Withholding ‘us’: images in the space of appearance

PhD Fine Art, Royal College of Art, London, UK (2020)

This artistic research project proposes to conceive the space between art and politics as a recuperated and reinvented ‘space of appearance’. To do so, it re-turns (to) a vital overturning of Platonic contemplation (‘vita contemplativa’) by human action (‘vita activa’) that is at the heart of political theorist Hannah Arendt’s proposal for a public-political ‘space of appearance’.

By placing images in which the ghosts of a ‘democratic subject’ are withheld (as ‘those who are no longer or not yet present’) into Arendt’s space of speech and action, the project revises her rhetorical gesture of overturning with its own, and revivifies contemplation as a form of action in which ‘we’ can be encountered as radically opaque, inchoate and incommensurable and, at the same time, as new figures of political identity in process.

Utilising a ‘democratic’ methodology, the research is realised as practice in the thesis/written component and as two key visual projects: The Regent’s Street and The Triumph of Crowds. Responding to, and incorporating, images that include Paul Fusco’s 1968 photographic series RFK Funeral Train, Gustave Courbet’s 1850 painting The Burial at Ornans and Nicolas Poussin’s painting The Triumph of David (1631), the work brings civic, ethical and spectral imaginaries to bear on certain figures of the demos.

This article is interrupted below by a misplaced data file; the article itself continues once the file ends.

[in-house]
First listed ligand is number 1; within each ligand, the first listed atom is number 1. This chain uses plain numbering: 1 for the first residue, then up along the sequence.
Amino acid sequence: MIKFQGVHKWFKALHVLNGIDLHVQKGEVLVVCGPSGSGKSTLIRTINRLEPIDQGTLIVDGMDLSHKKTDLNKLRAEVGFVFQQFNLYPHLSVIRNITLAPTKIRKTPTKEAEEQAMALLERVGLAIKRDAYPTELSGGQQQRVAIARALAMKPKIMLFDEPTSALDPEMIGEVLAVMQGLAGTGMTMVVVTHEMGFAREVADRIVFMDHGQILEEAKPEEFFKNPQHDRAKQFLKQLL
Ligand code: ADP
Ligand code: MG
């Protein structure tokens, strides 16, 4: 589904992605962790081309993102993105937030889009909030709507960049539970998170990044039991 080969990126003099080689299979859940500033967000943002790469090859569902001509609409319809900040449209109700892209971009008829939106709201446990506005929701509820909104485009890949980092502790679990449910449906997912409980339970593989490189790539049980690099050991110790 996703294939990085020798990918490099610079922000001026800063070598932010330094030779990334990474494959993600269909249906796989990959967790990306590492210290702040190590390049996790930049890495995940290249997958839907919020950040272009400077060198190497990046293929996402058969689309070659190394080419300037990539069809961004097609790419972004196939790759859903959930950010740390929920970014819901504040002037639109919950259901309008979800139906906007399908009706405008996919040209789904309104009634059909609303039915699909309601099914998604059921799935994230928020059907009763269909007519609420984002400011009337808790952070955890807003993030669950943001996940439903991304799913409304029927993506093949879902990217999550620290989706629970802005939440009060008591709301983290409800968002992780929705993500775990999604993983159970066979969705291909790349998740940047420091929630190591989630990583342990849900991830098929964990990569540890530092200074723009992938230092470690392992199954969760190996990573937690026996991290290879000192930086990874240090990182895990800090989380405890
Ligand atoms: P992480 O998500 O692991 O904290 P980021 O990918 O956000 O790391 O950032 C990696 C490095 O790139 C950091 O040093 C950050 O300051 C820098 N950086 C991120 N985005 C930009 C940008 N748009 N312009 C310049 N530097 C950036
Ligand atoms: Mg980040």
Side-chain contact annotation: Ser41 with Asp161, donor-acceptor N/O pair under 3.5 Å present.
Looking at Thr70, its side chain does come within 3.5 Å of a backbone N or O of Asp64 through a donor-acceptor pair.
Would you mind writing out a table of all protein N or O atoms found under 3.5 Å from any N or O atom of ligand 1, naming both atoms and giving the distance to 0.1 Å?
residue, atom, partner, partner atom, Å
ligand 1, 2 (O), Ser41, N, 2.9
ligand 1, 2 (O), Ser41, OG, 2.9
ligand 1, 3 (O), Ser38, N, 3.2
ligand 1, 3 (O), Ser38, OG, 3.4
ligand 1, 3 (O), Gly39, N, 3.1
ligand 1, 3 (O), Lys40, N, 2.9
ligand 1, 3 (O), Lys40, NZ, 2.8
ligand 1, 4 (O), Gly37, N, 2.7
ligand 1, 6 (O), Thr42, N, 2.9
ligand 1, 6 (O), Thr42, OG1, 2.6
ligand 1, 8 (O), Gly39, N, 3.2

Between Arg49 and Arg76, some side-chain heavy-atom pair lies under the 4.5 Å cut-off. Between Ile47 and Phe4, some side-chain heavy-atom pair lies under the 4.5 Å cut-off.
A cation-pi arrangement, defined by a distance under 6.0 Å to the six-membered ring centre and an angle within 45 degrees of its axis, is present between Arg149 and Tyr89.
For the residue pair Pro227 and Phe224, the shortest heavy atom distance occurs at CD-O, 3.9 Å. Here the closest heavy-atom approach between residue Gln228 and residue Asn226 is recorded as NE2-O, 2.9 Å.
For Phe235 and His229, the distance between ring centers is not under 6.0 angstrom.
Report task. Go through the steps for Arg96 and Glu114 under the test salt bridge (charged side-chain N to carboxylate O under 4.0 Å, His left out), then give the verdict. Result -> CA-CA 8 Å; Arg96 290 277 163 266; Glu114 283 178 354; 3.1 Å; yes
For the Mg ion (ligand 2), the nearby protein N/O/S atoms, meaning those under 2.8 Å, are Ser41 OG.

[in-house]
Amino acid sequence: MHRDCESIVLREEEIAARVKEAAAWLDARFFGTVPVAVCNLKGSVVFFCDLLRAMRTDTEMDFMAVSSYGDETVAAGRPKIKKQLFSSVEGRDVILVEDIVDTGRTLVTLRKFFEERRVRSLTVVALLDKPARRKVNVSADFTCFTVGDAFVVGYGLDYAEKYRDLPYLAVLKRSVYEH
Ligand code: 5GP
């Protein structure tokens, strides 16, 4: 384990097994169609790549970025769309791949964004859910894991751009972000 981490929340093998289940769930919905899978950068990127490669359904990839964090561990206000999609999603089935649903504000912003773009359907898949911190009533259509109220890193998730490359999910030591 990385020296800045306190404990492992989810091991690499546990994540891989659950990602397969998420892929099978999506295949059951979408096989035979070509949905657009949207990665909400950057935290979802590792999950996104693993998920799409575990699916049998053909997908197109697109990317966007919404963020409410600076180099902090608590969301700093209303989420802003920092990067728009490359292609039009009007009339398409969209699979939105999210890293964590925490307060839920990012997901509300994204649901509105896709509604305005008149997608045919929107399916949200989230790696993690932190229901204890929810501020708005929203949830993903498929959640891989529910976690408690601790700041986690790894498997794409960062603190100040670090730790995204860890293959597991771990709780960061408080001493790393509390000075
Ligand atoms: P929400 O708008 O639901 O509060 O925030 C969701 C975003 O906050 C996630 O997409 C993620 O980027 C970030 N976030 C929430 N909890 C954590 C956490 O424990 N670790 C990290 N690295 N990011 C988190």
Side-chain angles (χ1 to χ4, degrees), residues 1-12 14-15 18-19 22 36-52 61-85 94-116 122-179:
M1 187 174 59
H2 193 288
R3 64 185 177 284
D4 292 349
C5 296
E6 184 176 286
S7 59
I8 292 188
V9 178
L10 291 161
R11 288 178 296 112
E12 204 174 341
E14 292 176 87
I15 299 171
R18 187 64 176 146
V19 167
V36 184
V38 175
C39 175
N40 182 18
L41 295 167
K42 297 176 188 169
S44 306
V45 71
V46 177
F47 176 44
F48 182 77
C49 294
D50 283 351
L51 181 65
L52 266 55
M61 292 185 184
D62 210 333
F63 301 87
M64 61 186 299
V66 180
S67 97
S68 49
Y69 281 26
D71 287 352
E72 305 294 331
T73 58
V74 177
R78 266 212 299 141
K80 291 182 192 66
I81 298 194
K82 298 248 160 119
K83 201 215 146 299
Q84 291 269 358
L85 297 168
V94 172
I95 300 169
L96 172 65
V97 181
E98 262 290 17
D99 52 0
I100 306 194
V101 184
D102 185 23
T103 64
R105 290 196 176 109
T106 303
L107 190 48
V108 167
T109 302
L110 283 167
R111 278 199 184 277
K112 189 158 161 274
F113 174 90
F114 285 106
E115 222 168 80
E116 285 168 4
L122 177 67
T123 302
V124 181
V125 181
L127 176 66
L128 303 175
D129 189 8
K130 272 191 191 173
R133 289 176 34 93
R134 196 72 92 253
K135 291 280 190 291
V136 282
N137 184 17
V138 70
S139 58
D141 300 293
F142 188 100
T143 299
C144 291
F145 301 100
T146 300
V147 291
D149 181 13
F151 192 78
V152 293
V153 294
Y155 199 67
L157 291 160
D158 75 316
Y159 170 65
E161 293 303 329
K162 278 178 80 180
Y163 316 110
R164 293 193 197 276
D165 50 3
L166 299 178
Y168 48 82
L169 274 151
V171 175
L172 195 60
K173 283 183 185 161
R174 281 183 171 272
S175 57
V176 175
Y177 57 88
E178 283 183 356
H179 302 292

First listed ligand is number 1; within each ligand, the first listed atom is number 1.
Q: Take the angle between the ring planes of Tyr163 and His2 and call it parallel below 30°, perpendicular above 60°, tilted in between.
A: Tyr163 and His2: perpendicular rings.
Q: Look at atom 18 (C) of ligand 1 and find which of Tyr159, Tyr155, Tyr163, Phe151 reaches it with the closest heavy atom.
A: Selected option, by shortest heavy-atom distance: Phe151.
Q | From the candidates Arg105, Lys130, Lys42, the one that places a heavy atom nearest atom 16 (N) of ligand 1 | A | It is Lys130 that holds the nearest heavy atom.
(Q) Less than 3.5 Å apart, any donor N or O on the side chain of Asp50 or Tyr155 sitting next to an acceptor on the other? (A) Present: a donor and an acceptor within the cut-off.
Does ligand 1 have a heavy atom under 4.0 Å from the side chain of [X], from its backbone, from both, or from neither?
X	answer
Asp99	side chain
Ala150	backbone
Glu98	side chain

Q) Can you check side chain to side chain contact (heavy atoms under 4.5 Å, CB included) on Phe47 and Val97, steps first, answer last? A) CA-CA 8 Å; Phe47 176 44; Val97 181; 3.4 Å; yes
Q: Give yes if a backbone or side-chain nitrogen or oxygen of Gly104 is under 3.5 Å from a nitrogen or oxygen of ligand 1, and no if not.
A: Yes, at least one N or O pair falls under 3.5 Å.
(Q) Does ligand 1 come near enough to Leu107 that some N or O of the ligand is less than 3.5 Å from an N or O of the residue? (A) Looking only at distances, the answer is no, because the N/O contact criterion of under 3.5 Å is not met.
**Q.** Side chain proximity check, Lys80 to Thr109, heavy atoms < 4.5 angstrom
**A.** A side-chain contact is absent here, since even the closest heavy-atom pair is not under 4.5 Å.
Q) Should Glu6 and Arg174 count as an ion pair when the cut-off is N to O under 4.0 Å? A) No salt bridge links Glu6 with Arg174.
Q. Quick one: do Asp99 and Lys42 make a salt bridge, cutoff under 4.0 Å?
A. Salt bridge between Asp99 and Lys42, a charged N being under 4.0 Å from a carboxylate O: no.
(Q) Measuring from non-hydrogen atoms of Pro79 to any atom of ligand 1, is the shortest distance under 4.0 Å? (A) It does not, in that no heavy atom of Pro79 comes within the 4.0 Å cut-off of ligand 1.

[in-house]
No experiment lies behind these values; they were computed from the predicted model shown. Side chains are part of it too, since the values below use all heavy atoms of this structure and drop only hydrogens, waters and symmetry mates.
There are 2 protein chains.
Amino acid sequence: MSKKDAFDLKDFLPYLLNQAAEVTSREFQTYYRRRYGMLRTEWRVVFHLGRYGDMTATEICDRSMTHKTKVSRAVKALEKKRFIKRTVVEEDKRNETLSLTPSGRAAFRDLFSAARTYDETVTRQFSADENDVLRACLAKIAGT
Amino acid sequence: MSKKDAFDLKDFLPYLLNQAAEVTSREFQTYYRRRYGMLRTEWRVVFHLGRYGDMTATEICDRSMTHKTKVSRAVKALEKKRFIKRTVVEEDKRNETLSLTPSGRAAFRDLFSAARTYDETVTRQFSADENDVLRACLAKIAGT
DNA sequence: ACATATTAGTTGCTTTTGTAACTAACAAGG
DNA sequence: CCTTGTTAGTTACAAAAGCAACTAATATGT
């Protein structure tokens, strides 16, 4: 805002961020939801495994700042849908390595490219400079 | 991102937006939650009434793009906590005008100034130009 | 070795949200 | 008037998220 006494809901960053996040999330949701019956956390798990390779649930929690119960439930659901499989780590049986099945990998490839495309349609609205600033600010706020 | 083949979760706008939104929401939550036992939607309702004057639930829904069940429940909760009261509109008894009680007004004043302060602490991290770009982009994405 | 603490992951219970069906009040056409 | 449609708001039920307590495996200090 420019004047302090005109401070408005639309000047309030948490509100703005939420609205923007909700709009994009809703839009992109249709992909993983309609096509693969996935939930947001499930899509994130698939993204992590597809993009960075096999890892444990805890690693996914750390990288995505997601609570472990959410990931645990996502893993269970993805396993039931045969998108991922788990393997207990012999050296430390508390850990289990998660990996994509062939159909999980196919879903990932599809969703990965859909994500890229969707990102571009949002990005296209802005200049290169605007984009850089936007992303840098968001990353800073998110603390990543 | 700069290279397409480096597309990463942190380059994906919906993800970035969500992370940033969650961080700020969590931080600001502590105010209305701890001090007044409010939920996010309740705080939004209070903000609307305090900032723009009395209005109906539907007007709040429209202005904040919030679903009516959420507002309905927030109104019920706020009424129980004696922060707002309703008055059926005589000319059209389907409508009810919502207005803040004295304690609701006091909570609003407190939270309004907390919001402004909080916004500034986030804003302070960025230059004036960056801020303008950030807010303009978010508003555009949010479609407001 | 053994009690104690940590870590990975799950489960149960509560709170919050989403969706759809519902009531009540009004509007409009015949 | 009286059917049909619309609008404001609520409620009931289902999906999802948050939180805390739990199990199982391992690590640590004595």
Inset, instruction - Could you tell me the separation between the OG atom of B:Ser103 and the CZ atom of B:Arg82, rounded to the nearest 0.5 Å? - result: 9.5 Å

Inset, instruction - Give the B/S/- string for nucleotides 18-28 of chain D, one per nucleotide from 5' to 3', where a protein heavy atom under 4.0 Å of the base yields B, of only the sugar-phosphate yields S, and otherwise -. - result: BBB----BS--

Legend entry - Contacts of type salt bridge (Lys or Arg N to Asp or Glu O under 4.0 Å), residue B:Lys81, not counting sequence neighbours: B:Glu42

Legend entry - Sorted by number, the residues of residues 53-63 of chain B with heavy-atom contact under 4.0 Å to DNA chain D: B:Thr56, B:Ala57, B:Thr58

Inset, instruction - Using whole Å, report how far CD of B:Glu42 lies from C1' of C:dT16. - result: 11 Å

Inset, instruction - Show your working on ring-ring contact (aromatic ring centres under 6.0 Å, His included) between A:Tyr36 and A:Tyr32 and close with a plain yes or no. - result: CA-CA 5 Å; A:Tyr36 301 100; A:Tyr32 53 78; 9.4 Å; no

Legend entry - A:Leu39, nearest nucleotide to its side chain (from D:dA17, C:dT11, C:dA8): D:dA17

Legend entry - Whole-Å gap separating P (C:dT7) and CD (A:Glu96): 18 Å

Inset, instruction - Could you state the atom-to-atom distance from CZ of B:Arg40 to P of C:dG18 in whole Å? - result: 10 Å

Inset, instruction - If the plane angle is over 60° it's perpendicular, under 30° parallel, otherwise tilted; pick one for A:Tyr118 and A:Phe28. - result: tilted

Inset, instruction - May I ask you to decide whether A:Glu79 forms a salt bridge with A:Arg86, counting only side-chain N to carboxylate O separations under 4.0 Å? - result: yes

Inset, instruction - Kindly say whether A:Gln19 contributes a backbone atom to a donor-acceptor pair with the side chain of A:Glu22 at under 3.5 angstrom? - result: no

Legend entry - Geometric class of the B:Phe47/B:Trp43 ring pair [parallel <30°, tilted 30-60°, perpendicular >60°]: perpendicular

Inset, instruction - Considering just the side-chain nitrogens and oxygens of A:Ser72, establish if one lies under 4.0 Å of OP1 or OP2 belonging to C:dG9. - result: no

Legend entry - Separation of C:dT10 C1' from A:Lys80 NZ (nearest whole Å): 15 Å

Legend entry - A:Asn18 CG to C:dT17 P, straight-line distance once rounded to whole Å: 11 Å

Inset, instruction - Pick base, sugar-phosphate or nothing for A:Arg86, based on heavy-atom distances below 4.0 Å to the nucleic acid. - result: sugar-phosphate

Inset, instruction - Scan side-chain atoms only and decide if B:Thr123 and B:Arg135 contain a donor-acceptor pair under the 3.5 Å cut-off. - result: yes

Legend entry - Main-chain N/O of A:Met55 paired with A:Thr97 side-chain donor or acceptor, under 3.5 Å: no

By remobilising these images as contemporary forms of heterogenous and relational artwork, the research proposes art as an affective space of political pre-enactment situated between art practice, political theory, philosophy, writing, performance and activism.